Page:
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Gearbox details the evolution of the playable Borderlands cast

Kevin Kelly

During a panel at the SXSW Interactive Festival, Gearbox franchise director Matt Armstrong and Borderlands lead character designer Jonathan Hemingway provided a behind the scenes look at how the developer evolved its playable characters from faceless archetypes to its four-person killing crew.

Each character was originally conceived to give players a point of comparison to other genres or game franchises. The accessible and easy to use "Doom Guy" focused on giving classic shooter fans their familiar FPS fix; the tactical shooter archetype focused on delivering more strategic options, like in Metal Gear or Splinter Cell; and a world manipulator character concept wanted to give gamers a James Bond-like, gadget-focused killer.

Eventually, these original concepts – crudely drawn in shapes – evolved into the four playable characters featured in Borderlands.

Gearbox previews the original heroes of Borderlands
The "block head" concept eventually evolved into Roland, the solider-class character in Borderlands.

Gearbox previews the original heroes of Borderlands
Gearbox's "cone head" concept evolved into the hunter-class character known as Mordecai. Images of Dan Aykroyd were nowhere to be found.

Gearbox previews the original heroes of Borderlands
The "sphere head" concept shifted more than once, evolving into a character known as Tannis – the name of a storyline NPC – and then changing once again to Lilith, the siren-class character in Borderlands.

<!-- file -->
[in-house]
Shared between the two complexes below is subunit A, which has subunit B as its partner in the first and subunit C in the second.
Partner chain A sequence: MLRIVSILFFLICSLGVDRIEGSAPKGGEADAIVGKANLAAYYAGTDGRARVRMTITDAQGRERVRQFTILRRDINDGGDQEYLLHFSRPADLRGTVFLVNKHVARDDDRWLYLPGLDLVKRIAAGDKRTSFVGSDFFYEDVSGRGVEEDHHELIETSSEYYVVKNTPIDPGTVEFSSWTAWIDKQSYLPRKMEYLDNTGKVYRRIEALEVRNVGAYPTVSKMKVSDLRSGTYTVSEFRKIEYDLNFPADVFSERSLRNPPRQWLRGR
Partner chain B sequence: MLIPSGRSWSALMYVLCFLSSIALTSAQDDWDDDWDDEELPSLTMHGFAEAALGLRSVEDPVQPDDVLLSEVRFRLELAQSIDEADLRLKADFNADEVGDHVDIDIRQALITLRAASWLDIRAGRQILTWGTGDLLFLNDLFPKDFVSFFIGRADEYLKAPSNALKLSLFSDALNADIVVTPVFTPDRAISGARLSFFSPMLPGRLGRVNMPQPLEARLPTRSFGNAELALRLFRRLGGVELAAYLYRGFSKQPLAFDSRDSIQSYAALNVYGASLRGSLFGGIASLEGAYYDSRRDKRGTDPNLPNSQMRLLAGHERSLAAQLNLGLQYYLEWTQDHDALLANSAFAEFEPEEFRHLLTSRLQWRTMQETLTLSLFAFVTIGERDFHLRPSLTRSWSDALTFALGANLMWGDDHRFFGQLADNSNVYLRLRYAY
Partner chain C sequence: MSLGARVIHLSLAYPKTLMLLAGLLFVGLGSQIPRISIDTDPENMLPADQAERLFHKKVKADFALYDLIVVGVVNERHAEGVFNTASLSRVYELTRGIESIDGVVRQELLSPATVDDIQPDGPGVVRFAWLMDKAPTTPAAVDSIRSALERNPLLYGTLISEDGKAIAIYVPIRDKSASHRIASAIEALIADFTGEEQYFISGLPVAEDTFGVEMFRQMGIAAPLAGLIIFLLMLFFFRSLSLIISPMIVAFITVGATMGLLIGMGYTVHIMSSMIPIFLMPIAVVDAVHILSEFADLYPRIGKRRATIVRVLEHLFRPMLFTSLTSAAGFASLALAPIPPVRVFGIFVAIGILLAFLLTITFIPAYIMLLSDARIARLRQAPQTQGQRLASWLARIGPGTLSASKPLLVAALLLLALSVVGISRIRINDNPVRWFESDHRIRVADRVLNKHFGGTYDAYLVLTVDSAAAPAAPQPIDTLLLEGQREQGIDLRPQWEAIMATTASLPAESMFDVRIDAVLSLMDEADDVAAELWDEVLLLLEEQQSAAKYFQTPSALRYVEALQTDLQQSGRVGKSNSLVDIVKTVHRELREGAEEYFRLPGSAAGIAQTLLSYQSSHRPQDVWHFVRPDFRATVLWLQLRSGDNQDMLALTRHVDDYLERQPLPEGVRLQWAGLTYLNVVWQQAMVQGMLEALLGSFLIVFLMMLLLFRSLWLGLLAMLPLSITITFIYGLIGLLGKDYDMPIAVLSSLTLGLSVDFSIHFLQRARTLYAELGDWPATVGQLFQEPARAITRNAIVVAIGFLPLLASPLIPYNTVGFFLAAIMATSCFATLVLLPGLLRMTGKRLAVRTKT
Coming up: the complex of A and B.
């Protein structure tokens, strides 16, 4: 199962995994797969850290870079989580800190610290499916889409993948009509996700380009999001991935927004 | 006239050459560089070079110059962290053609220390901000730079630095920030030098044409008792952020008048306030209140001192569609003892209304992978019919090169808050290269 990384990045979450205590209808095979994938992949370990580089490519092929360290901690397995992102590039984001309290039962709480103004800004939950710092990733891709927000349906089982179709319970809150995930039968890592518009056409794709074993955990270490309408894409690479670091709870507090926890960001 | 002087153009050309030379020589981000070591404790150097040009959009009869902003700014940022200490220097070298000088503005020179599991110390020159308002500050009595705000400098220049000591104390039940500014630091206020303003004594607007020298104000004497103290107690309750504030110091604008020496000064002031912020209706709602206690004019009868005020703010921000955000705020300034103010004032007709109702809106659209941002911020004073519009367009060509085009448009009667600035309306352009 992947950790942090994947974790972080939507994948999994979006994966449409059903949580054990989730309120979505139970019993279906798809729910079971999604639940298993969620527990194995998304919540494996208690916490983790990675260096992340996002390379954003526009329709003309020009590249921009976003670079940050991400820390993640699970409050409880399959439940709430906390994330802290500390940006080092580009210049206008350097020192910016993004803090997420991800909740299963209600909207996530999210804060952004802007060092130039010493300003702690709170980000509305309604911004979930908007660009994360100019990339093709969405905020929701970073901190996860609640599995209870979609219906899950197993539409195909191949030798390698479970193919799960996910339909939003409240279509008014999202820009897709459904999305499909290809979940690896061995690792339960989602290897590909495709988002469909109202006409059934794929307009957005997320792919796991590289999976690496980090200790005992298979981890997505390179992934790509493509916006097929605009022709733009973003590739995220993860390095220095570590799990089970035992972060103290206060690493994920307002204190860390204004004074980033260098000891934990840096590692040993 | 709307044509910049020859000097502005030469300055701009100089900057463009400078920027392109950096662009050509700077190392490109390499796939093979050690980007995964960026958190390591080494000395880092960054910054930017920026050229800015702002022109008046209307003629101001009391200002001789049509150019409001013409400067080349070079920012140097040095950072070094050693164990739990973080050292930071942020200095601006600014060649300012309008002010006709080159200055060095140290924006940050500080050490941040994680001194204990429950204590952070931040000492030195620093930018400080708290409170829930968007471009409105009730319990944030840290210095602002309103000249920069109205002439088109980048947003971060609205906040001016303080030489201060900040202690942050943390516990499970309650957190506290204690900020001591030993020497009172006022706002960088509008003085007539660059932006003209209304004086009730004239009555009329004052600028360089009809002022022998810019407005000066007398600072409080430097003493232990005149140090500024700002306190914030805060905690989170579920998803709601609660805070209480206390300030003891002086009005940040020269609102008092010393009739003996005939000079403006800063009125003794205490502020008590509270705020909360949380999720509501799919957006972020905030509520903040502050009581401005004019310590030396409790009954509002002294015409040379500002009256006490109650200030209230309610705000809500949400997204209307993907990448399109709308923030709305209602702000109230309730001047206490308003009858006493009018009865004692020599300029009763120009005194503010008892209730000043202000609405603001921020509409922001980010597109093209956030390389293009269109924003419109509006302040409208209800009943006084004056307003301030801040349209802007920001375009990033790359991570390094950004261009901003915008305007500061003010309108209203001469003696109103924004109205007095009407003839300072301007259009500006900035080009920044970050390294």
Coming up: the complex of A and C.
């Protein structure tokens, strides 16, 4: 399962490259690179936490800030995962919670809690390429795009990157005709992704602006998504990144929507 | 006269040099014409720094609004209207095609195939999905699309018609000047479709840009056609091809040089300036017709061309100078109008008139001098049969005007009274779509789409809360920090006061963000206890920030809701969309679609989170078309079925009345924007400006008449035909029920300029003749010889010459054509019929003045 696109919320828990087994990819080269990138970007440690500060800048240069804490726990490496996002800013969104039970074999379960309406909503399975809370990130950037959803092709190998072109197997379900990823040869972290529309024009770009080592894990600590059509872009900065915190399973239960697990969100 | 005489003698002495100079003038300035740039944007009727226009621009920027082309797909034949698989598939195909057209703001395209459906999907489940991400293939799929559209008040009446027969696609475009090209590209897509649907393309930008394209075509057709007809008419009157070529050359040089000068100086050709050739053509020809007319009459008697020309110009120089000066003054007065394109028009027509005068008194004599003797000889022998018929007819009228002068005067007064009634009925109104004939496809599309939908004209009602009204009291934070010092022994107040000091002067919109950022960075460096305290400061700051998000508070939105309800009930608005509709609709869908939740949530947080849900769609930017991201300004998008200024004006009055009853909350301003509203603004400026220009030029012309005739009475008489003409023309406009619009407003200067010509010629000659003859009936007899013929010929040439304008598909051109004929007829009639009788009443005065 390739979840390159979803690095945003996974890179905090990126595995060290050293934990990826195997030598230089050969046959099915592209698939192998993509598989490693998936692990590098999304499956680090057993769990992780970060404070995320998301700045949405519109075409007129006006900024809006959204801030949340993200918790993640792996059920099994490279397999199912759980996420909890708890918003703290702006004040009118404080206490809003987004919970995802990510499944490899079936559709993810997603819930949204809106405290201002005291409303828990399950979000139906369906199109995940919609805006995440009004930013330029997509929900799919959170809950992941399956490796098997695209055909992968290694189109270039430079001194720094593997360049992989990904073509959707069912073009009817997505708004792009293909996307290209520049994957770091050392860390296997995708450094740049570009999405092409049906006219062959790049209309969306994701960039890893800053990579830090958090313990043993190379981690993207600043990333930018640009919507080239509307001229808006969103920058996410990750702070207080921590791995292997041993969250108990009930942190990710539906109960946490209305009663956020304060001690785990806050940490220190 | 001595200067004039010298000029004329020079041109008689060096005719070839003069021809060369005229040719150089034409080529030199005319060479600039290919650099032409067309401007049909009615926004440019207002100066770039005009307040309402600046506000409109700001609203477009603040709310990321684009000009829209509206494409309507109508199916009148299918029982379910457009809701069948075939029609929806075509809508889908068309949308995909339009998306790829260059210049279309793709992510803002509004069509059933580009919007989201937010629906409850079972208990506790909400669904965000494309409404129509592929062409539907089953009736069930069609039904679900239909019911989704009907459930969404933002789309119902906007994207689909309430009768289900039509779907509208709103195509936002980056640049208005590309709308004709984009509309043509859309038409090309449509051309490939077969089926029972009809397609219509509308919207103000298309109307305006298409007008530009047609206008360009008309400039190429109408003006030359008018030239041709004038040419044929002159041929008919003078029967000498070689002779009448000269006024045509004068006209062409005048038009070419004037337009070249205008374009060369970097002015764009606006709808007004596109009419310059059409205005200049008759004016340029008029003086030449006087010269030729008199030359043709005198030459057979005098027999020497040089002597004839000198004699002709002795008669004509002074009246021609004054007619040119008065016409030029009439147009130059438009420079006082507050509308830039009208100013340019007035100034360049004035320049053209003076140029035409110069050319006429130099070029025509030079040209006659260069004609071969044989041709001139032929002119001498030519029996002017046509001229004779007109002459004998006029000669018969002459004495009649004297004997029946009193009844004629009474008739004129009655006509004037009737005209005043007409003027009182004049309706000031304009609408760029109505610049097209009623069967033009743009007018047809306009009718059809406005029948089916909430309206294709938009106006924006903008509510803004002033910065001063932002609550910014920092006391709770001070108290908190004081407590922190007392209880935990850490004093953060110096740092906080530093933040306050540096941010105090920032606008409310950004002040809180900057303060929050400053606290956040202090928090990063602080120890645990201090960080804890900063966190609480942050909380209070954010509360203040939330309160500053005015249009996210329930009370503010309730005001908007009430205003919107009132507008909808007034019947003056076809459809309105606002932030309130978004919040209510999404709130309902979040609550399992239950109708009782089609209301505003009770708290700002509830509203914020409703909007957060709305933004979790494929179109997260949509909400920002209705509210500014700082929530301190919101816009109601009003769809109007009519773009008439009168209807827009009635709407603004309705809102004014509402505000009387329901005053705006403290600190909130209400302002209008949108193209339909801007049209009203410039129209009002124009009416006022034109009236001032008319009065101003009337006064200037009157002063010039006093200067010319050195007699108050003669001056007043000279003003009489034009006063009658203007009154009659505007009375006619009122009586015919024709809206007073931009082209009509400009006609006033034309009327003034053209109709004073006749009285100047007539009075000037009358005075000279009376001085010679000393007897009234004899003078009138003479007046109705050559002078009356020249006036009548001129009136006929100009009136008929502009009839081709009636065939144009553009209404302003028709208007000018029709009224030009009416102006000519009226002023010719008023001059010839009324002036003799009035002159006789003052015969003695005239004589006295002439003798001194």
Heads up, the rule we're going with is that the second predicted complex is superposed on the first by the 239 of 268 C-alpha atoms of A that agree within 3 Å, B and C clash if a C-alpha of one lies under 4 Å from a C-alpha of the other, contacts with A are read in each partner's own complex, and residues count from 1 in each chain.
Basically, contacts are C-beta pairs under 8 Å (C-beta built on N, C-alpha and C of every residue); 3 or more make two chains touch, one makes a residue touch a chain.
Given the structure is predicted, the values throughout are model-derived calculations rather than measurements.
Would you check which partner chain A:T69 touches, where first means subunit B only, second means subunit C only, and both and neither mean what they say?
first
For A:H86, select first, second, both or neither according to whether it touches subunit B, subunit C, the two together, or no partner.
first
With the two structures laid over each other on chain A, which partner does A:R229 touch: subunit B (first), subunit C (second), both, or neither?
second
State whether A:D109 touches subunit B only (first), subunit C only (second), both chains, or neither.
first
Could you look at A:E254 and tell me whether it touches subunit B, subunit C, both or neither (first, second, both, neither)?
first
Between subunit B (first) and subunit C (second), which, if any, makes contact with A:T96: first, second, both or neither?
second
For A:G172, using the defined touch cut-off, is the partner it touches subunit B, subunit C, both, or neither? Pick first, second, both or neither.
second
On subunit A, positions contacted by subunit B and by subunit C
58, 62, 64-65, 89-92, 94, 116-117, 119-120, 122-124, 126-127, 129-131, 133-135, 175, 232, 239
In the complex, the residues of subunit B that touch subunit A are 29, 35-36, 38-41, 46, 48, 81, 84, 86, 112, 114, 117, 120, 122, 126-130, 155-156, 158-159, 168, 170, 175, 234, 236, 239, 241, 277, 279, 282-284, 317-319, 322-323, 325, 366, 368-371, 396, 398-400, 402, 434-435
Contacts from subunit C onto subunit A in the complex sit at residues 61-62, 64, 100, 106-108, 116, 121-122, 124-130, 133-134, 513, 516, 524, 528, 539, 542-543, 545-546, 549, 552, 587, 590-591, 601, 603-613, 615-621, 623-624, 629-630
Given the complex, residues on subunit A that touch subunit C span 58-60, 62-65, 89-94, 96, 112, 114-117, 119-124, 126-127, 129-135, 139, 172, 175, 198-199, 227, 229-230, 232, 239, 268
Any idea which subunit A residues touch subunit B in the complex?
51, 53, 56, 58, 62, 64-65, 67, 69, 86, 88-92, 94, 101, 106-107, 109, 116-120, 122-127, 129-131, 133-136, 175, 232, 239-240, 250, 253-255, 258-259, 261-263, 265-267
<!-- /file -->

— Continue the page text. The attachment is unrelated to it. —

With concepts that filled roles for medium range, long range and high-speed attack, Gearbox said they realized Borderlands required a tank class character – a class that could attract and withstand enemy attack. Thus, the character of Brick was born. According to Armstrong, Brick's character concept "always looked like" the Brick delivered in the final game.

Gearbox says that, according to its data, Brick was the least-played character in the game.
In the original concept for Borderlands, each playable character was going to have a unique skill tree interface. Roland's UI would have resembled a circuit board; Lilith's was originally meant to portray mysterious, alien magic; and Mordecai's skill tree looked like the layout of his sidekick Bloodwing, which players could modify.

Brick's original "Berserk Mode" would have had him slamming two syringes into his body and "roiding out." For that reason, Brick's specialized skill tree was designed to look like a series of IV bags and chemical beakers.

Gearbox previews the original heroes of Borderlands
Eventually the game adopted the three-tree skill system that it now employs. Despite Borderlands succeeding and evolving in a highly-rated sequel, Gearbox realizes there are new opportunities. Both Armstrong and Hemingway said that they love stacks – the risk/reward of shotgun ninja and anarchy – and that the series doesn't have a super-aggressive close range brawler.

The pair noted that they don't feel Borderlands has a character that appeals to players who lack experience in first-person shooters, nor a character that appeals to the hardcore. Armstrong and Hemingway left it unclear if the upcoming DLC vault hunter is meant to fill those roles. Gearbox says it remains committed to the series, and promises that future installments will continue to be character-centric, and contain plenty of guns.

Kevin Kelly is a writer and pop culture junkie with a fixation on video games, movies, and board games. His writing has been seen at io9, Film School Rejects, Machinima, TechRadar, Wizard World, and The Austin Chronicle. He lives in Los Angeles and does not know how to surf. Follow him on Twitter @kevinkelly.

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